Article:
Who is at risk of developing Osteoporosis?
All men and women have some risk of developing osteoporosis as they become older. However, the following situations increase the risk. If you:
- Are past menopause, when the level of oestrogen falls. This is particularly so if you had an early menopause (before the age of 45), or had your uterus removed (hysterectomy) before your menopause.
- Have had a bone fracture after a previous fall or bump.
- Have a strong family history of osteoporosis.
- Have had long periods of dieting, especially if you suffered anorexia nervosa or bulimia. In these situations, the level of oestrogen is often low for long periods of time and combined with a poor diet, can affect the bones.
- Have done excessive exercise, such as regular marathon running. Excessive exercise in some women causes a low level of oestrogen and their monthly periods may stop. However, moderate exercise is good (see below).
- Have used, or are using, a steroid medicine (such as prednisolone) for three months or more. One side-effect of steroids is bone loss.
- Have had irregular menstrual periods for whatever reason.
- Smoke or drink a lot of alcohol.
- Do not receive adequate calcium or vitamin D.
- Never performed regular exercises, or have led a sedentary lifestyle.
- Have, or had, certain medical conditions which can affect the bones. For example, an overactive thyroid, Cushing's disease and any condition that causes poor mobility.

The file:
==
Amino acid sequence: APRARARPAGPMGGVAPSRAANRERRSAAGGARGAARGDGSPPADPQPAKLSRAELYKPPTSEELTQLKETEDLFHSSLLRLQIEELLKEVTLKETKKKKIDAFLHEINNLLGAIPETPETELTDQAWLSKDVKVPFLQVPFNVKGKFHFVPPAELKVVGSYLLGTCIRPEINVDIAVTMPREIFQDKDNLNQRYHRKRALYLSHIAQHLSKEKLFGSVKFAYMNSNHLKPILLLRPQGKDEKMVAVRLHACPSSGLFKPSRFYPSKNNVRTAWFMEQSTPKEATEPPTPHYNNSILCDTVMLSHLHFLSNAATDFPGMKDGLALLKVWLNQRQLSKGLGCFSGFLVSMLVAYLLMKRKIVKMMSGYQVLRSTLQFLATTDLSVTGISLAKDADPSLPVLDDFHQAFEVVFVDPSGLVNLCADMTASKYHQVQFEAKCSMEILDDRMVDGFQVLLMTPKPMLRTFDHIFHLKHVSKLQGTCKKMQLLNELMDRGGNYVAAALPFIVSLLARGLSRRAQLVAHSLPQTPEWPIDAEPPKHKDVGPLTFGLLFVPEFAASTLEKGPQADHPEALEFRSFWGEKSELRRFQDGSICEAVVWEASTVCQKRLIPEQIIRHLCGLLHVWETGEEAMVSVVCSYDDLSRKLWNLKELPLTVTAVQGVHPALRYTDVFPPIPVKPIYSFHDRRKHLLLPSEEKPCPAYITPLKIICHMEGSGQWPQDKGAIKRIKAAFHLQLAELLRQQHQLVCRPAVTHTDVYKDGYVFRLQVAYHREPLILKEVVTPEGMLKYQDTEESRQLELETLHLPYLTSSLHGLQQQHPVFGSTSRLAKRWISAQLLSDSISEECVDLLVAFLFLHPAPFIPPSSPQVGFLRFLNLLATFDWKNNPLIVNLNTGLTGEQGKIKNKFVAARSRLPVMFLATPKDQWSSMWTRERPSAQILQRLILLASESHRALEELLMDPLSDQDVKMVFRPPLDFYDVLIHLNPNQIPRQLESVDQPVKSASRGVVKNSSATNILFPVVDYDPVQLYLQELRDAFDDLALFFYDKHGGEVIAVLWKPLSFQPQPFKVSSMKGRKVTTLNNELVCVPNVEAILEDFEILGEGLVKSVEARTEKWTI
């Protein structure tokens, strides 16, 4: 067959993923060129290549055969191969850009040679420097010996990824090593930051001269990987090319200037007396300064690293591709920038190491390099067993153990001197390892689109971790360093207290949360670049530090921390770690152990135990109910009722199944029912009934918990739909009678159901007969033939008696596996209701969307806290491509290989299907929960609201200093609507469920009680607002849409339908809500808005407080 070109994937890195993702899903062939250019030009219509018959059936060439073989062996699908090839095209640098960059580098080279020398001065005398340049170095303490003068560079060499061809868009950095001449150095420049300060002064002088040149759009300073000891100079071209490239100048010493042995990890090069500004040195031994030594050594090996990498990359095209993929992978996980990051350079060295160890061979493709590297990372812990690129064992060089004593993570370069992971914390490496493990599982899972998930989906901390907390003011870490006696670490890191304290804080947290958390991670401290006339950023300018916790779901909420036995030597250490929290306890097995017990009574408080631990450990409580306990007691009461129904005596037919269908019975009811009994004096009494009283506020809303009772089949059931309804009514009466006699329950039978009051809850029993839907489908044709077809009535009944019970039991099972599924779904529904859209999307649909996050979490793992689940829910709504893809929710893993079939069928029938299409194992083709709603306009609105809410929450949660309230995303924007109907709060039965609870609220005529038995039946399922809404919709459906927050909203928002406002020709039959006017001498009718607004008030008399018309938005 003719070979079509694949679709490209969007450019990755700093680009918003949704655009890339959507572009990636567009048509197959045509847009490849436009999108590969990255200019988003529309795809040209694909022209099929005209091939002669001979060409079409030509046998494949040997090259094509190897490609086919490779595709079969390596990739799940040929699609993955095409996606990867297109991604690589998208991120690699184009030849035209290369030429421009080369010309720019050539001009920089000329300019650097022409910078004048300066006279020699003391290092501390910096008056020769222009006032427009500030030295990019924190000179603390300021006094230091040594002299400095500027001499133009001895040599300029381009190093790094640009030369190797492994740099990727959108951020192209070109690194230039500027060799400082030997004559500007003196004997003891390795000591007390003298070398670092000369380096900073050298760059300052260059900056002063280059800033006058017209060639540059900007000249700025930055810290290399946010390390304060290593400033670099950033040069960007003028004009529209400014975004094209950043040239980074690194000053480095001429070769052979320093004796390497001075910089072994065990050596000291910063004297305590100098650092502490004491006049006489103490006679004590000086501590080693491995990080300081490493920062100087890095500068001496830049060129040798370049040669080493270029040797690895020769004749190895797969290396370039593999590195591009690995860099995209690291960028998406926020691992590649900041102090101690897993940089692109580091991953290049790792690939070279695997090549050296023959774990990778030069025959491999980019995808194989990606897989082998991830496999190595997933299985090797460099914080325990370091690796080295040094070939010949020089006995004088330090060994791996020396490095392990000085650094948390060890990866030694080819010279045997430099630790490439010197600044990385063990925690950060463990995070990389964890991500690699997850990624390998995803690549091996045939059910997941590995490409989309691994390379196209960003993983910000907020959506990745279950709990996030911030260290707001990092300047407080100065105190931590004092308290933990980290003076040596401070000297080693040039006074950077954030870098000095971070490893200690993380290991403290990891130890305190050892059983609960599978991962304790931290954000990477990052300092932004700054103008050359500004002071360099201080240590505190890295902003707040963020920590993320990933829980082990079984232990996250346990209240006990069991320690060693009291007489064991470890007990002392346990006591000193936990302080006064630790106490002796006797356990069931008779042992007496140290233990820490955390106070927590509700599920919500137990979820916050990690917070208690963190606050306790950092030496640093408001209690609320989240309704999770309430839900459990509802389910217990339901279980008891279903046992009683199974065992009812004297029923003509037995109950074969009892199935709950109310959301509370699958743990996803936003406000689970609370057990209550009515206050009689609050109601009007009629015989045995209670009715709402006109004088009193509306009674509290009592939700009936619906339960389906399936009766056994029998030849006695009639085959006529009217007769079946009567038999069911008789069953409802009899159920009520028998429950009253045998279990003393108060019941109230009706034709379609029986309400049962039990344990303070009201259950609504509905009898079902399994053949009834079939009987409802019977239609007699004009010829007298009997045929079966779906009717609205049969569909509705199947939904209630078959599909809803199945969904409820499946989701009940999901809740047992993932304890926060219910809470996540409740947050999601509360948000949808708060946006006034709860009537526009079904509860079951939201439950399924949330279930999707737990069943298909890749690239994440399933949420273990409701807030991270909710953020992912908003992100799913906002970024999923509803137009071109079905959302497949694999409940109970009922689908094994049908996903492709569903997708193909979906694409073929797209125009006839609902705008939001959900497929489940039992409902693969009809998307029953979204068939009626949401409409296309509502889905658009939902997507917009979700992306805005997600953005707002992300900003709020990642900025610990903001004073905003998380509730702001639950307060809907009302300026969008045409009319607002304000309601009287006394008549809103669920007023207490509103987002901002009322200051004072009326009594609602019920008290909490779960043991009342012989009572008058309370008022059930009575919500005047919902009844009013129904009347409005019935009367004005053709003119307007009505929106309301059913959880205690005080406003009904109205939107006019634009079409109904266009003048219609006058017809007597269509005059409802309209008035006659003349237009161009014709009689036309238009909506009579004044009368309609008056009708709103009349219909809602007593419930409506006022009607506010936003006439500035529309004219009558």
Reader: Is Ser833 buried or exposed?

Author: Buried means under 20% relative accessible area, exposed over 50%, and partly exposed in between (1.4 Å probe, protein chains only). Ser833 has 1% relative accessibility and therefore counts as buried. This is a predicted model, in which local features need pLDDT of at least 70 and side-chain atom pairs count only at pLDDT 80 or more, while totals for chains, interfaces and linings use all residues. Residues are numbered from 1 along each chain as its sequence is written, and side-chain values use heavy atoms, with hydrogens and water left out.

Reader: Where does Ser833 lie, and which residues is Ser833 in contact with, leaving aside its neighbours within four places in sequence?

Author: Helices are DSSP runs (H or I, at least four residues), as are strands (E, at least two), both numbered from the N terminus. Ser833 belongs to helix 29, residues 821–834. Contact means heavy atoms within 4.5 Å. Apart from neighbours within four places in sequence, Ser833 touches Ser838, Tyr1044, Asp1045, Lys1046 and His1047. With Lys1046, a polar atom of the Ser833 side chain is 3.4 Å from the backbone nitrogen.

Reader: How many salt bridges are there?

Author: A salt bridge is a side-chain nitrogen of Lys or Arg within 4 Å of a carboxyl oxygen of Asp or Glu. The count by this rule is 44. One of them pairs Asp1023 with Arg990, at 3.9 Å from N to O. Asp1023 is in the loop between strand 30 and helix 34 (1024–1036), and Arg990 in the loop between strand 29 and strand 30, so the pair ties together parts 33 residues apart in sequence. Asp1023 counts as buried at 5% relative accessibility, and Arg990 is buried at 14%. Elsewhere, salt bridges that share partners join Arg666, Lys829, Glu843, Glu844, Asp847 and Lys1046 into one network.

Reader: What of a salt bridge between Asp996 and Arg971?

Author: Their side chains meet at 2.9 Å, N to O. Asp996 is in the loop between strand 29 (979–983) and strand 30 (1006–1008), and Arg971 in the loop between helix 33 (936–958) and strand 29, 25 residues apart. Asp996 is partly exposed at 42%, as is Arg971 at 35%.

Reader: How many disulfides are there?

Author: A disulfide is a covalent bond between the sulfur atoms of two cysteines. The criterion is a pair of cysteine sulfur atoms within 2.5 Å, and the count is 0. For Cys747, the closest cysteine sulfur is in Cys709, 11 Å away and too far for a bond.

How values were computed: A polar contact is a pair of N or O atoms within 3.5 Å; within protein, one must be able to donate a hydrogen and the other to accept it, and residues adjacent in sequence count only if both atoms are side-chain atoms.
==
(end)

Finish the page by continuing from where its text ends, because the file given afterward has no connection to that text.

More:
Symptoms of Osteoporosis
Osteoporosis usually develops slowly over several years without any symptoms. However, after a certain amount of bone loss, the following may occur:
1. A bone fracture after a minor injury such as a fall. If you have osteoporosis, the force of a simple fall to the ground is often enough to fracture a bone. (A simple fall to the ground from standing does not usually cause a fracture The fractures are most commonly of the hip, wrist, and vertebrae (the bones that make up the spine). A fractured bone in an older person can be serious. About half the people who fracture their hips, are unable to live independently afterwards.
2. It is estimated that about 1 in 3 people over the age of 65 have a fall each year, increasing to 1 in 2 people aged 80 years and older. Over 85,000 people have a hip fracture each year in the UK, and about 19 in 20 of these are the result of a fall in those who have osteoporosis.
3. Loss of height, persistent back pain and stooping (bent forward) These symptoms occur if you develop fractured vertebrae which become "squashed" with the weight of the body. Vertebrae in those with osteoporosis may fracture even without an injury.
How is osteoporosis diagnosed?